My research interests lie in developing the next generation of millimeter wave polarimeters and data analysis tools necessary to precisely characterize the cosmic microwave background (CMB) polarization. The CMB polarization provides a unique window into both the ultra-high energy physics of the early universe and structure formation in the later universe. I get to spend my days playing with cryogenics, ultra-sensitive detector technologies, and having fun with code to help push those research frontiers.
I currently work on two projects to measure the CMB polarization:
At Princeton, I work on the SPIDER experiment. SPIDER is a balloon-borne polarimeter designed to measure the CMB polarization on large angular scales. The experiment consists of six independent refractive telescopes in a liquid helium cooled cryostat that will fly aboard an Antarctic long duration stratospheric balloon (LDB) payload. The individual telescopes are based upon optics and detector technologies successfully utilized in the BICEP2 experiment. We're currently integrating the experiment in Antarctica for a launch in December 2014.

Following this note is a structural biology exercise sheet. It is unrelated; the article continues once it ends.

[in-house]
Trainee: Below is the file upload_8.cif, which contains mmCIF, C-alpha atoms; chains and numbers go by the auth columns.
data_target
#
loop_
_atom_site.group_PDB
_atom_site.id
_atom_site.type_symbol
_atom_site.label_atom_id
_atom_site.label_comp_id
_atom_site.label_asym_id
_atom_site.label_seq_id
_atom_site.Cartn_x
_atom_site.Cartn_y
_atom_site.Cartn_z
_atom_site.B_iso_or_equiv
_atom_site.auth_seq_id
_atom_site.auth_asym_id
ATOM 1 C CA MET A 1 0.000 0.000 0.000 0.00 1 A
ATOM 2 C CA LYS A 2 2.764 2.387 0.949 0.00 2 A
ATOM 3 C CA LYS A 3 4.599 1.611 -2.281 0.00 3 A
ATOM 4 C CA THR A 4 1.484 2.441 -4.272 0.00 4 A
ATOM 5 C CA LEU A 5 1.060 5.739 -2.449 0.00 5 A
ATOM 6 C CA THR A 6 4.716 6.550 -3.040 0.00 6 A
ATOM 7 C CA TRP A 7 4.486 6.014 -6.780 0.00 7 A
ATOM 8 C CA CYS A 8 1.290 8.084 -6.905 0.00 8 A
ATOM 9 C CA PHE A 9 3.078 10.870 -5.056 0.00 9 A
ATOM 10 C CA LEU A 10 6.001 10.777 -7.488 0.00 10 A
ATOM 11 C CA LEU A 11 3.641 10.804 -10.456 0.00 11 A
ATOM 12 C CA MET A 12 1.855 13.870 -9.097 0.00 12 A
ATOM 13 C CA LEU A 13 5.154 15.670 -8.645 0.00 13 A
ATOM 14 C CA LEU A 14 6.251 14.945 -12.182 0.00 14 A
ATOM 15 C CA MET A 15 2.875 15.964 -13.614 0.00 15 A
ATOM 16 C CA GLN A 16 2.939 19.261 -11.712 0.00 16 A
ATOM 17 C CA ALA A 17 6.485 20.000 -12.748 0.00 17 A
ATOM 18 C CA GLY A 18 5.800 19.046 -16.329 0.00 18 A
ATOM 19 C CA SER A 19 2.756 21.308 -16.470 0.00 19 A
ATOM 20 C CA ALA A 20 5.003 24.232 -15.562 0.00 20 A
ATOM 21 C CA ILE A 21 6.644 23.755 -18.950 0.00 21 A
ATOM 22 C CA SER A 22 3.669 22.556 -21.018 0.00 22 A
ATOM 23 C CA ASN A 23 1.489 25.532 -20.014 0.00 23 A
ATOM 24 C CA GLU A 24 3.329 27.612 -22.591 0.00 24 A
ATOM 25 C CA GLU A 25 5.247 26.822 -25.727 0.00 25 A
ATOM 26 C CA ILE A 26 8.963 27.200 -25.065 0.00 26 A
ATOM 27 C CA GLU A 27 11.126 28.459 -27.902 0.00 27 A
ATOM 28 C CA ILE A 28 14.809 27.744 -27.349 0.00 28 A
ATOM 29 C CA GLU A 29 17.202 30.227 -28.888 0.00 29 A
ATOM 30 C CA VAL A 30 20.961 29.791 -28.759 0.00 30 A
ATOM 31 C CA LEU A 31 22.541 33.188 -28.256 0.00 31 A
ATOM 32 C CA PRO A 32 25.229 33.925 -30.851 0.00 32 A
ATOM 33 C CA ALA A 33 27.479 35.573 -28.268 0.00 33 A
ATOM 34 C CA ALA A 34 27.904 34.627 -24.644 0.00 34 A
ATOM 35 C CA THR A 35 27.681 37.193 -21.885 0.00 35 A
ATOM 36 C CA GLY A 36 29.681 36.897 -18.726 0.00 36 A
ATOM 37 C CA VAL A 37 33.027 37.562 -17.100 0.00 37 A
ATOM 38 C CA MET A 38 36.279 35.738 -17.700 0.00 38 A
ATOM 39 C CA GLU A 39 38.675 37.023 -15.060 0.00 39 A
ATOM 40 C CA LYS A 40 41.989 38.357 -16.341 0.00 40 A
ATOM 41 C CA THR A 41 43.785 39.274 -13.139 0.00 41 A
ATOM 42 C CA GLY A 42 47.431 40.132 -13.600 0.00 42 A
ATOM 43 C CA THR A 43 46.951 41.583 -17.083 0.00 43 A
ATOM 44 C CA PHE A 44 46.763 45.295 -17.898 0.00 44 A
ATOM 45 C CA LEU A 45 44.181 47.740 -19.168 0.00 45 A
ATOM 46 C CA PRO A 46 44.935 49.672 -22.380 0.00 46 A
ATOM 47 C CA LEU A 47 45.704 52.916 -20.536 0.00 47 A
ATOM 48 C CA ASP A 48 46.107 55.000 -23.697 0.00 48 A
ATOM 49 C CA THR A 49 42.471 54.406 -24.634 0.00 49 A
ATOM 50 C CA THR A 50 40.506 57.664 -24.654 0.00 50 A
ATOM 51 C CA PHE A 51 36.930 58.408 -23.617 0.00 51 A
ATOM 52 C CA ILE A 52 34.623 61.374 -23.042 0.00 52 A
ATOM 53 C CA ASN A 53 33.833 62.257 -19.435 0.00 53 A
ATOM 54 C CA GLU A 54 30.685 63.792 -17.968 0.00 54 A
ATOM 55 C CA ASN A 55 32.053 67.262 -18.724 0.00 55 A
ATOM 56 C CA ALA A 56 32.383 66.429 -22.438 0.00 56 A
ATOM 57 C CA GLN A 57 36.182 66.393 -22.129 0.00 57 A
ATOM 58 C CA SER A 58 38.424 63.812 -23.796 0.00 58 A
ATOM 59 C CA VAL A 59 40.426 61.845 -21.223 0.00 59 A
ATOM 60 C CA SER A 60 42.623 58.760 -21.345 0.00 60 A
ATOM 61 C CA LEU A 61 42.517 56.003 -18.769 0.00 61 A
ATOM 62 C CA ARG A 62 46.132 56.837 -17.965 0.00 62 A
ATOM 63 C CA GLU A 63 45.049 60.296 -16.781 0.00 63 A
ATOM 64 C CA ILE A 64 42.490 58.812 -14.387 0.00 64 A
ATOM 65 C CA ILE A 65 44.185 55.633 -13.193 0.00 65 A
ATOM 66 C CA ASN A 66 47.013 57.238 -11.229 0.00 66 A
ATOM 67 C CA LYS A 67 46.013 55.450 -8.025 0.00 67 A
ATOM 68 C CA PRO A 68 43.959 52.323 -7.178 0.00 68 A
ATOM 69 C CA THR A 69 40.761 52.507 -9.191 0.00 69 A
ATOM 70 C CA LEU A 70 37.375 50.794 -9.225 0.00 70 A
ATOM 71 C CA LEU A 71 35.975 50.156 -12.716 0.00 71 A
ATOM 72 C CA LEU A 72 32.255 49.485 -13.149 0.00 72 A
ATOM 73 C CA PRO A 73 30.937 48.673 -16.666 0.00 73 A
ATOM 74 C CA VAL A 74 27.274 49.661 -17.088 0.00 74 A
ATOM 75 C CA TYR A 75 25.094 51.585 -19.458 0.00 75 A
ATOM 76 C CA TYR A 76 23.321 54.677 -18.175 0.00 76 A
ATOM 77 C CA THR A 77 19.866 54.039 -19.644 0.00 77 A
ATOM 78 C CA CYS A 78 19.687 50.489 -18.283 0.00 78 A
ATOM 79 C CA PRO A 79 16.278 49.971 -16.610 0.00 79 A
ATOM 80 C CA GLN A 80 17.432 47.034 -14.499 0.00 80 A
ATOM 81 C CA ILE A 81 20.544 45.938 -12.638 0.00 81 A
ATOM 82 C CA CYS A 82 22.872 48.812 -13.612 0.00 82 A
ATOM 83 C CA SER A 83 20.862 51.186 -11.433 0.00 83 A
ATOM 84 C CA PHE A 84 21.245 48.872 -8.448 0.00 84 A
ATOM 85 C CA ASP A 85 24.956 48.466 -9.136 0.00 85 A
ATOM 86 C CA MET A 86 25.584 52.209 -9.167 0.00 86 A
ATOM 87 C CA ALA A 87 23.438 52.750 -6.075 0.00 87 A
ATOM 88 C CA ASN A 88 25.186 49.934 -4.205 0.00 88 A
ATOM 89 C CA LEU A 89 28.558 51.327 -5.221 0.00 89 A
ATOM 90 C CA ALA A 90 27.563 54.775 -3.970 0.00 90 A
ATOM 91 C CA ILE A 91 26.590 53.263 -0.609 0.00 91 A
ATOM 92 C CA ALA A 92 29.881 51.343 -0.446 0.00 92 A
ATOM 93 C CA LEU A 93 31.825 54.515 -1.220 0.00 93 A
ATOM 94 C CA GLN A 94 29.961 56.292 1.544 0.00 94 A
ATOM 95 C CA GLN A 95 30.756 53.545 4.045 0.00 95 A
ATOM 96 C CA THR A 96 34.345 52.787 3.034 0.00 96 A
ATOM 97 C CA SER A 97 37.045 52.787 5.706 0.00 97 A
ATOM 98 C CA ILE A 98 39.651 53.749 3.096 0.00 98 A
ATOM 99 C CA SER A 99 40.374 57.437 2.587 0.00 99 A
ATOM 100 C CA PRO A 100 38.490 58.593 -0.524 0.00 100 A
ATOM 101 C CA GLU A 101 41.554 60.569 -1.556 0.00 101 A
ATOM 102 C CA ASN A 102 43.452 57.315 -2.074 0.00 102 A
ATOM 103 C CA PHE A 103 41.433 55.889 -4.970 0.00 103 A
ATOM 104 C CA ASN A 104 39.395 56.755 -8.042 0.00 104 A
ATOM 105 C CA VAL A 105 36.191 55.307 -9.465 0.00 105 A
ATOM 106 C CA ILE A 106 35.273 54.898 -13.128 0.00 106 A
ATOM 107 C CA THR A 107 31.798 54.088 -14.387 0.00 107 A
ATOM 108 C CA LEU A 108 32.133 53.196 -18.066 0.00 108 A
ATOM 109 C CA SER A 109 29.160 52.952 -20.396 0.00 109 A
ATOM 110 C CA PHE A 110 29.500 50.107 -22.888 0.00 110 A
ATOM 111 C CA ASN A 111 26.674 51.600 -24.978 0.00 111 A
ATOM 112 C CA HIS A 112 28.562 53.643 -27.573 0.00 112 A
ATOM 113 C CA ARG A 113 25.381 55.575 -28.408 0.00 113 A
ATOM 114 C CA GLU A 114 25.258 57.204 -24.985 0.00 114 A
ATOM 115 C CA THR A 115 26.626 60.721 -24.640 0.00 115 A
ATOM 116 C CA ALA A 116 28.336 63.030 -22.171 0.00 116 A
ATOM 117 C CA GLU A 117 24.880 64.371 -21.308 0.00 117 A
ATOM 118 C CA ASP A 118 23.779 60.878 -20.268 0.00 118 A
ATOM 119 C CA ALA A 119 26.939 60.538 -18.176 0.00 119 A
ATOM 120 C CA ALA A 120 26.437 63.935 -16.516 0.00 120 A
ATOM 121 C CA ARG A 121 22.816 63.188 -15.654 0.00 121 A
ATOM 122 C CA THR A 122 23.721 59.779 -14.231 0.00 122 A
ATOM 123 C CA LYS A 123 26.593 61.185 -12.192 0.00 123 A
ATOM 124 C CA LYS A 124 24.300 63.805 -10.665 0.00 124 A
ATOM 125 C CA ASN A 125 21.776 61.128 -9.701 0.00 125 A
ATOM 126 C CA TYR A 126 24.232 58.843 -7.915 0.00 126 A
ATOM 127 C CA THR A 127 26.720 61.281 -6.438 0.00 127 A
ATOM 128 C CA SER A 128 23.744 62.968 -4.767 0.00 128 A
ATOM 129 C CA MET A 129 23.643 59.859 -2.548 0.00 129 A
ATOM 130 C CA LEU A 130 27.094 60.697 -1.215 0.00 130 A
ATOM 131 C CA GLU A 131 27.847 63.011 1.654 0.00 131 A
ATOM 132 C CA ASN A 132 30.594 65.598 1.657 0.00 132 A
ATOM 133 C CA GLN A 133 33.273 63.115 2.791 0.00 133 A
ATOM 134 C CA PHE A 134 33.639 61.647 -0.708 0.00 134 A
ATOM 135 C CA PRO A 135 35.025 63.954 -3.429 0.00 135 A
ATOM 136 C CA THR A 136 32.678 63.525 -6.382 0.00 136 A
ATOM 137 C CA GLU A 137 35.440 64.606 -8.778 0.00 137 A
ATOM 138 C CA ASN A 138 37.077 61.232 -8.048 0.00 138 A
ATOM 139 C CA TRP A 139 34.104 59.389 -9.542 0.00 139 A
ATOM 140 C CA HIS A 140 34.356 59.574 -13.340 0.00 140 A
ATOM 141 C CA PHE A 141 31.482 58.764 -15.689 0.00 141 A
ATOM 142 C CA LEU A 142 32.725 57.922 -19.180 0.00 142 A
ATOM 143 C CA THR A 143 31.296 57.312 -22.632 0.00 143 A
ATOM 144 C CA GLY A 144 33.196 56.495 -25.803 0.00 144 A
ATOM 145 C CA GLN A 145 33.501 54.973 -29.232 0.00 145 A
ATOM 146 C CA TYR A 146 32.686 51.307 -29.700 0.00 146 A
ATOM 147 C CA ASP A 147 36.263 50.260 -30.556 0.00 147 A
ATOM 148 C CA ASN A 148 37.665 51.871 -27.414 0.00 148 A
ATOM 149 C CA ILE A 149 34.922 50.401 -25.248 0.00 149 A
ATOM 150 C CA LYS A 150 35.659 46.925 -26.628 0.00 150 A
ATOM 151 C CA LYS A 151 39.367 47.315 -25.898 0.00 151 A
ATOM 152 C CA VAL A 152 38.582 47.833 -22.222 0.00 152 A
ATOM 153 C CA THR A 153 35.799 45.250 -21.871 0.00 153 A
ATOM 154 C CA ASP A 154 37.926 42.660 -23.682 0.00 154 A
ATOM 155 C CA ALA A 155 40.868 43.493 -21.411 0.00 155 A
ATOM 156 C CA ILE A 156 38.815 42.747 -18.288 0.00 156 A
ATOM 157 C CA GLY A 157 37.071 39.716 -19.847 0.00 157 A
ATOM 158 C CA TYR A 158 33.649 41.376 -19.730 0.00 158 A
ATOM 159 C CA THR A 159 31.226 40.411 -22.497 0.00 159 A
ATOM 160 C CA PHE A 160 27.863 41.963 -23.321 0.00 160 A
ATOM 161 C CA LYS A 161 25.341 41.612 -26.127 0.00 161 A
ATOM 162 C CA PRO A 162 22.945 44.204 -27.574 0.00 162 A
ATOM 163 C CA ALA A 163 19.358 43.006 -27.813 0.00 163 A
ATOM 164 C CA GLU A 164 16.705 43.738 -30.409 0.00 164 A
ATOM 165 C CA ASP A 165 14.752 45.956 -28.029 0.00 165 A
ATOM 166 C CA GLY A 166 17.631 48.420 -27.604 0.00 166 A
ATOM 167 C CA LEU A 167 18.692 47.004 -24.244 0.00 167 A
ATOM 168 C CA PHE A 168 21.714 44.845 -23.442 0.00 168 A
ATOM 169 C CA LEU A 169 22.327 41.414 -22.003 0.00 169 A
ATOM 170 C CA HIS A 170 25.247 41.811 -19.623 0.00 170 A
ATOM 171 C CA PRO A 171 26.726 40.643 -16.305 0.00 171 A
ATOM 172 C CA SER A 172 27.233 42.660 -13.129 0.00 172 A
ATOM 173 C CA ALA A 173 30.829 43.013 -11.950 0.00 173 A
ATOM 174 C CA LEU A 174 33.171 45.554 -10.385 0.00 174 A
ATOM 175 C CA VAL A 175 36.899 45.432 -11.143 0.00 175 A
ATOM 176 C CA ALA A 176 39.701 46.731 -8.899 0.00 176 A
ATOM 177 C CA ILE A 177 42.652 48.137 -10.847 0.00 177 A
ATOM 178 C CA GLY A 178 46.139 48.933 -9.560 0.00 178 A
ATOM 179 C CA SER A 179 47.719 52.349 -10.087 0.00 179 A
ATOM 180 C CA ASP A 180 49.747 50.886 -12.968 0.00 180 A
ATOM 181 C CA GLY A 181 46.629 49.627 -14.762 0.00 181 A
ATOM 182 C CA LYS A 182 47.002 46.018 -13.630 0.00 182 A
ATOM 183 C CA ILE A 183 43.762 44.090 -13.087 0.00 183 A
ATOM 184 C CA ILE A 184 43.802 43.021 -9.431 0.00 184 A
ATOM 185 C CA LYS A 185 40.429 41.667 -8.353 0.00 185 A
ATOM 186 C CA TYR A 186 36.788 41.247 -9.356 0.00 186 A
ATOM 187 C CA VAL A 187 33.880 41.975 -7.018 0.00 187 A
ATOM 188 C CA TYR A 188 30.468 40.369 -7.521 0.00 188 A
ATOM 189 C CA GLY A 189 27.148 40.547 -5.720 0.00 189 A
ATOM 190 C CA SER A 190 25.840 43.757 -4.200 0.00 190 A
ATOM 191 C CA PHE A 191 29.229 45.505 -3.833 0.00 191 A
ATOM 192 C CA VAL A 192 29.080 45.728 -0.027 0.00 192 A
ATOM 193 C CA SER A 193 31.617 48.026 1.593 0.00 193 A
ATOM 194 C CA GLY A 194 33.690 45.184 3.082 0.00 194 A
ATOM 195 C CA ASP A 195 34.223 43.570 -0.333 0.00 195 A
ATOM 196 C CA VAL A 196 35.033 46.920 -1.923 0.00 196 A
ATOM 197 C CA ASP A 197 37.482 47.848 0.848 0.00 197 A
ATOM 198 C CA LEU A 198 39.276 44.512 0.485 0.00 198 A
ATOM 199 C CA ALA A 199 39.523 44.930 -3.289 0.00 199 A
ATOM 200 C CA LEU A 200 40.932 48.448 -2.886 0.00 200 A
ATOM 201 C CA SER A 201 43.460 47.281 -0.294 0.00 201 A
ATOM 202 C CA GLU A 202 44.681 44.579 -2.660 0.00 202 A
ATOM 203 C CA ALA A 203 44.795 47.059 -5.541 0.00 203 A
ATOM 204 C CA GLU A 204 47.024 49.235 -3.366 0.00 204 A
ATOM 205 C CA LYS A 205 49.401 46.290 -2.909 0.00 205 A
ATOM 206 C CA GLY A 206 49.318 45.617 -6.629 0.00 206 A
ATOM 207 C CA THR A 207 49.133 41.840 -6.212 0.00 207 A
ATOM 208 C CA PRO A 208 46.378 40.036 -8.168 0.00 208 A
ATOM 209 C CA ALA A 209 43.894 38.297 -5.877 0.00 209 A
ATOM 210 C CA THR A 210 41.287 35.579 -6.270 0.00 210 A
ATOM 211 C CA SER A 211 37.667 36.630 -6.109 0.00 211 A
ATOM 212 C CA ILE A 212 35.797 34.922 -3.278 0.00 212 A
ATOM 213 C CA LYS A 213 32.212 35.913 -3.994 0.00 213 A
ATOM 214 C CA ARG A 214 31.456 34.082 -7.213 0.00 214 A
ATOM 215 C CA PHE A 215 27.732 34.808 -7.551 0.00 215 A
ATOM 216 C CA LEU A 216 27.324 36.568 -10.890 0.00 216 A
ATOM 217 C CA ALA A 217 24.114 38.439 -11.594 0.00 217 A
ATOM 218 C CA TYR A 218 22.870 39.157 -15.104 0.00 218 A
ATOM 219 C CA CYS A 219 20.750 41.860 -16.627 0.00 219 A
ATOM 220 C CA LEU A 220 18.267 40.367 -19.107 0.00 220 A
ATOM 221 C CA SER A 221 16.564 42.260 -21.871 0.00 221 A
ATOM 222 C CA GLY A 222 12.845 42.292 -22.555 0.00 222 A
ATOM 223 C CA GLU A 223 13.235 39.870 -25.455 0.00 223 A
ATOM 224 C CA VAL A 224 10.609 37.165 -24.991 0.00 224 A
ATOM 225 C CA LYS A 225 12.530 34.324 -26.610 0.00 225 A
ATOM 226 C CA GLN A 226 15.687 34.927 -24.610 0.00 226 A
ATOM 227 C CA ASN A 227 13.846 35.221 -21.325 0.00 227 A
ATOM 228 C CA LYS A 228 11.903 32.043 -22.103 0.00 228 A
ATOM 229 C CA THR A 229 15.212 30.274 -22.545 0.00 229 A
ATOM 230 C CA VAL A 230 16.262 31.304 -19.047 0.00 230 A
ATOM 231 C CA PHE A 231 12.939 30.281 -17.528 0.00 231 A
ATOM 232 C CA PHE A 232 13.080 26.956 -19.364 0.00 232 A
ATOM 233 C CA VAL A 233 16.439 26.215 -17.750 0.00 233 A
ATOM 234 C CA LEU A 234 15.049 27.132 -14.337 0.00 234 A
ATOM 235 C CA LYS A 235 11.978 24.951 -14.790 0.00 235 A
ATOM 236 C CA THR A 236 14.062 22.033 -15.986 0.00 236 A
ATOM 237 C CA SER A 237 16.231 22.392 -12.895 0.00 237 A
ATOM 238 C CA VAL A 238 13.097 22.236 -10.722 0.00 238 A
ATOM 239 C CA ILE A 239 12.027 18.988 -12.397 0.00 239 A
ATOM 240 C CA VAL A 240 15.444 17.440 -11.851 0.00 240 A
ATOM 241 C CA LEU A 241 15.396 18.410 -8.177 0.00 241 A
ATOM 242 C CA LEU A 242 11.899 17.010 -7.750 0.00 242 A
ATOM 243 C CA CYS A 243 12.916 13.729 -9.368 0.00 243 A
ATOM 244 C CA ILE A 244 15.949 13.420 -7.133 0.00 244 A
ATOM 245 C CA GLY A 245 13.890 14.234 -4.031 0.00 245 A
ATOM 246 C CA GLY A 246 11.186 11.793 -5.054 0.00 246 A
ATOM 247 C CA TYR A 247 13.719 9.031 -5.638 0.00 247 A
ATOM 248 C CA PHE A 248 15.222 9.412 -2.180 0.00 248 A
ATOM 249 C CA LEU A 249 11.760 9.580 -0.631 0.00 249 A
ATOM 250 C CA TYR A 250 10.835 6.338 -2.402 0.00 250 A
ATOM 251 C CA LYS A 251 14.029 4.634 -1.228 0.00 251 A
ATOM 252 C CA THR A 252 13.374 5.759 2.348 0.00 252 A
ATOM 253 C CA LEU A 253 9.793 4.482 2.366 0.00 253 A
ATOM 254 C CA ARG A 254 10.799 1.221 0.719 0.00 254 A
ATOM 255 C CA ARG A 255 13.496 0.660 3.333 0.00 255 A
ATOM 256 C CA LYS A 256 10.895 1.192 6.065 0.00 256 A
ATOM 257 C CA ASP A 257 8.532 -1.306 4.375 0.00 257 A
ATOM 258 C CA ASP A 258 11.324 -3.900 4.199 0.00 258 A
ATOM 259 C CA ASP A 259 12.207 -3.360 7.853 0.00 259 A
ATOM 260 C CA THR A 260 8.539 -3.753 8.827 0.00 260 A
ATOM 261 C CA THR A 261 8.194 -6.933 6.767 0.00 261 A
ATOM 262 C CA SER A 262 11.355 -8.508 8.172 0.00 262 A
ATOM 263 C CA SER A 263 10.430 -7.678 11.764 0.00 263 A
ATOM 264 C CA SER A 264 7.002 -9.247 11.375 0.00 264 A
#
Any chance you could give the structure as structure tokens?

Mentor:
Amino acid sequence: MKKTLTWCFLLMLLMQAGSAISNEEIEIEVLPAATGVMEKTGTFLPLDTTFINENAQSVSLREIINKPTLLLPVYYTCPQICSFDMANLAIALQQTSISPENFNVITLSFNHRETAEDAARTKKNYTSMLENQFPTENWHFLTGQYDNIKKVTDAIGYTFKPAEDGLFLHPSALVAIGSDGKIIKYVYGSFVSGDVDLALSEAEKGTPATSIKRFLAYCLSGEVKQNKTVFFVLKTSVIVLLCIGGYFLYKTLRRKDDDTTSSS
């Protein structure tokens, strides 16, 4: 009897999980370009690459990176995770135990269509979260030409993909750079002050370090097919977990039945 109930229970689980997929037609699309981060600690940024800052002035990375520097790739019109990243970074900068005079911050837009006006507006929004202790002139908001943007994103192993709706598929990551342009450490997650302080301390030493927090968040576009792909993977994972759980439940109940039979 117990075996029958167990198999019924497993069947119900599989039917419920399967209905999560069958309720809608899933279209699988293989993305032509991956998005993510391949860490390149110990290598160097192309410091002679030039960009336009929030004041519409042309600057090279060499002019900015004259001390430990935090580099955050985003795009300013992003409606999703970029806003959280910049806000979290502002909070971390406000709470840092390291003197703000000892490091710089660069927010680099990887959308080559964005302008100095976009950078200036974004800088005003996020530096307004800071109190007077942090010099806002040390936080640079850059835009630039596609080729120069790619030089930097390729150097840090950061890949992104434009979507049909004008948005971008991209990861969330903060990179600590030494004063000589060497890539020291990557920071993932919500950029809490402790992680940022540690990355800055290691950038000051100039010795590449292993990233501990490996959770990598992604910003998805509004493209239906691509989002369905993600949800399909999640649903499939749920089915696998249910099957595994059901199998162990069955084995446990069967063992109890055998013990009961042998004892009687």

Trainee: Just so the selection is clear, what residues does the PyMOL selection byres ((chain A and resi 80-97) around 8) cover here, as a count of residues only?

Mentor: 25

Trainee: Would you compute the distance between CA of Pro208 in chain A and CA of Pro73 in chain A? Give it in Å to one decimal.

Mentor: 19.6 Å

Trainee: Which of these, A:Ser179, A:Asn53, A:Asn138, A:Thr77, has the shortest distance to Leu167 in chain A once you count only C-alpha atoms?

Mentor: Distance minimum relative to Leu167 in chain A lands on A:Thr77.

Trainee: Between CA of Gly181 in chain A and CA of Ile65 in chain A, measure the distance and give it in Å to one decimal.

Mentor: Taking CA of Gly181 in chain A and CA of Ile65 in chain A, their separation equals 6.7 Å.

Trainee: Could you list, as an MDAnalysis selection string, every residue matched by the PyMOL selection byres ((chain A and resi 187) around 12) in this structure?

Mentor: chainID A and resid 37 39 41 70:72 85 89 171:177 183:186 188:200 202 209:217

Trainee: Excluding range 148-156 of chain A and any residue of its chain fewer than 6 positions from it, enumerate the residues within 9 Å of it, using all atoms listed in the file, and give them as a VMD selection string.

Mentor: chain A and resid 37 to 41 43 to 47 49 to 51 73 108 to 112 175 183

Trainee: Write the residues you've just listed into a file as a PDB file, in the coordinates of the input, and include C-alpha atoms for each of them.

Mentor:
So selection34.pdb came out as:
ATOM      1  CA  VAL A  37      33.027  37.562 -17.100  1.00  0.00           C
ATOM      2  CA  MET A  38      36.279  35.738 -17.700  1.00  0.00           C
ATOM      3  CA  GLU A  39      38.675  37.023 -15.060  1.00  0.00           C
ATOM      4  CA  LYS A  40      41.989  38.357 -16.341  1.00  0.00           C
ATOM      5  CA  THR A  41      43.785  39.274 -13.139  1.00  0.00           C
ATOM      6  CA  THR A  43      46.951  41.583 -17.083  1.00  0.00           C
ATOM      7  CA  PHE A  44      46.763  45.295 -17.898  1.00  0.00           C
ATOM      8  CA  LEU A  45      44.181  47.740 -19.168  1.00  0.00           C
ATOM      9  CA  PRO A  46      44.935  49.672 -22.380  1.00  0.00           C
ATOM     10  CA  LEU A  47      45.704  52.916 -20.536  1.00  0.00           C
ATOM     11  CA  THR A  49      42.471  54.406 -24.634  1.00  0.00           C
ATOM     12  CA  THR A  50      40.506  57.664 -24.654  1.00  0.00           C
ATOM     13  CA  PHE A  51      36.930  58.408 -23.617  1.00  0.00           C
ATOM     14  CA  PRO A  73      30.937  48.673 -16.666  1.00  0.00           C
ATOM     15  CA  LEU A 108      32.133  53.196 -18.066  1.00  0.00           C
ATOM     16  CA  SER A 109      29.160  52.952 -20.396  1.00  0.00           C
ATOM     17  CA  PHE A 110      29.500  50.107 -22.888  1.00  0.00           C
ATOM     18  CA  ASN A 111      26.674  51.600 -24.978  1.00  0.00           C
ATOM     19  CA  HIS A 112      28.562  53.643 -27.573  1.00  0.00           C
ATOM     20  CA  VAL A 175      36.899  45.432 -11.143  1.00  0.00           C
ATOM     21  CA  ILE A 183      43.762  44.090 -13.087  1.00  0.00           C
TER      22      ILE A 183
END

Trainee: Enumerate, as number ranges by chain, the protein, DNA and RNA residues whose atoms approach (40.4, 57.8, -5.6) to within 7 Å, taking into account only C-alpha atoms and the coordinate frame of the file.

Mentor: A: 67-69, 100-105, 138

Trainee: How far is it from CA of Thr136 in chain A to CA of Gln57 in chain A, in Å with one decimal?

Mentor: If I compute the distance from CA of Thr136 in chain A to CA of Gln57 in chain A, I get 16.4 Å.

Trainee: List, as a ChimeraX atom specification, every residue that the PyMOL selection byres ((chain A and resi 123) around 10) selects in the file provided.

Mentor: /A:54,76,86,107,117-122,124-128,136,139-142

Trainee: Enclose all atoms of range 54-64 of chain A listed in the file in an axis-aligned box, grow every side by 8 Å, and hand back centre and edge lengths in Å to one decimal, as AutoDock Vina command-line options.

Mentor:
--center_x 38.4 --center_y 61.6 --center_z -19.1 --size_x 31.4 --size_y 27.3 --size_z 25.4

My thesis work at Berkeley focused on developing the receiver for the POLARBEAR experiment. POLARBEAR is a millimeter-wave polarimeter that utilizes ~1200 polarization sensitive antenna-coupled TES detectors. Its combination of sensitivity and angular resolution will enable POLARBEAR to measure the B-mode polarization of the CMB over a large range of angular resolution, enabling studies of both the very early and late universe. POLARBEAR is currently in its first observational campaign in the Atacama Desert of Chile. I continue to work on POLARBEAR, contributing on both analysis of our first and second seasons of data and on the design of POLARBEAR-2, the multi-chroic successor to POLARBEAR.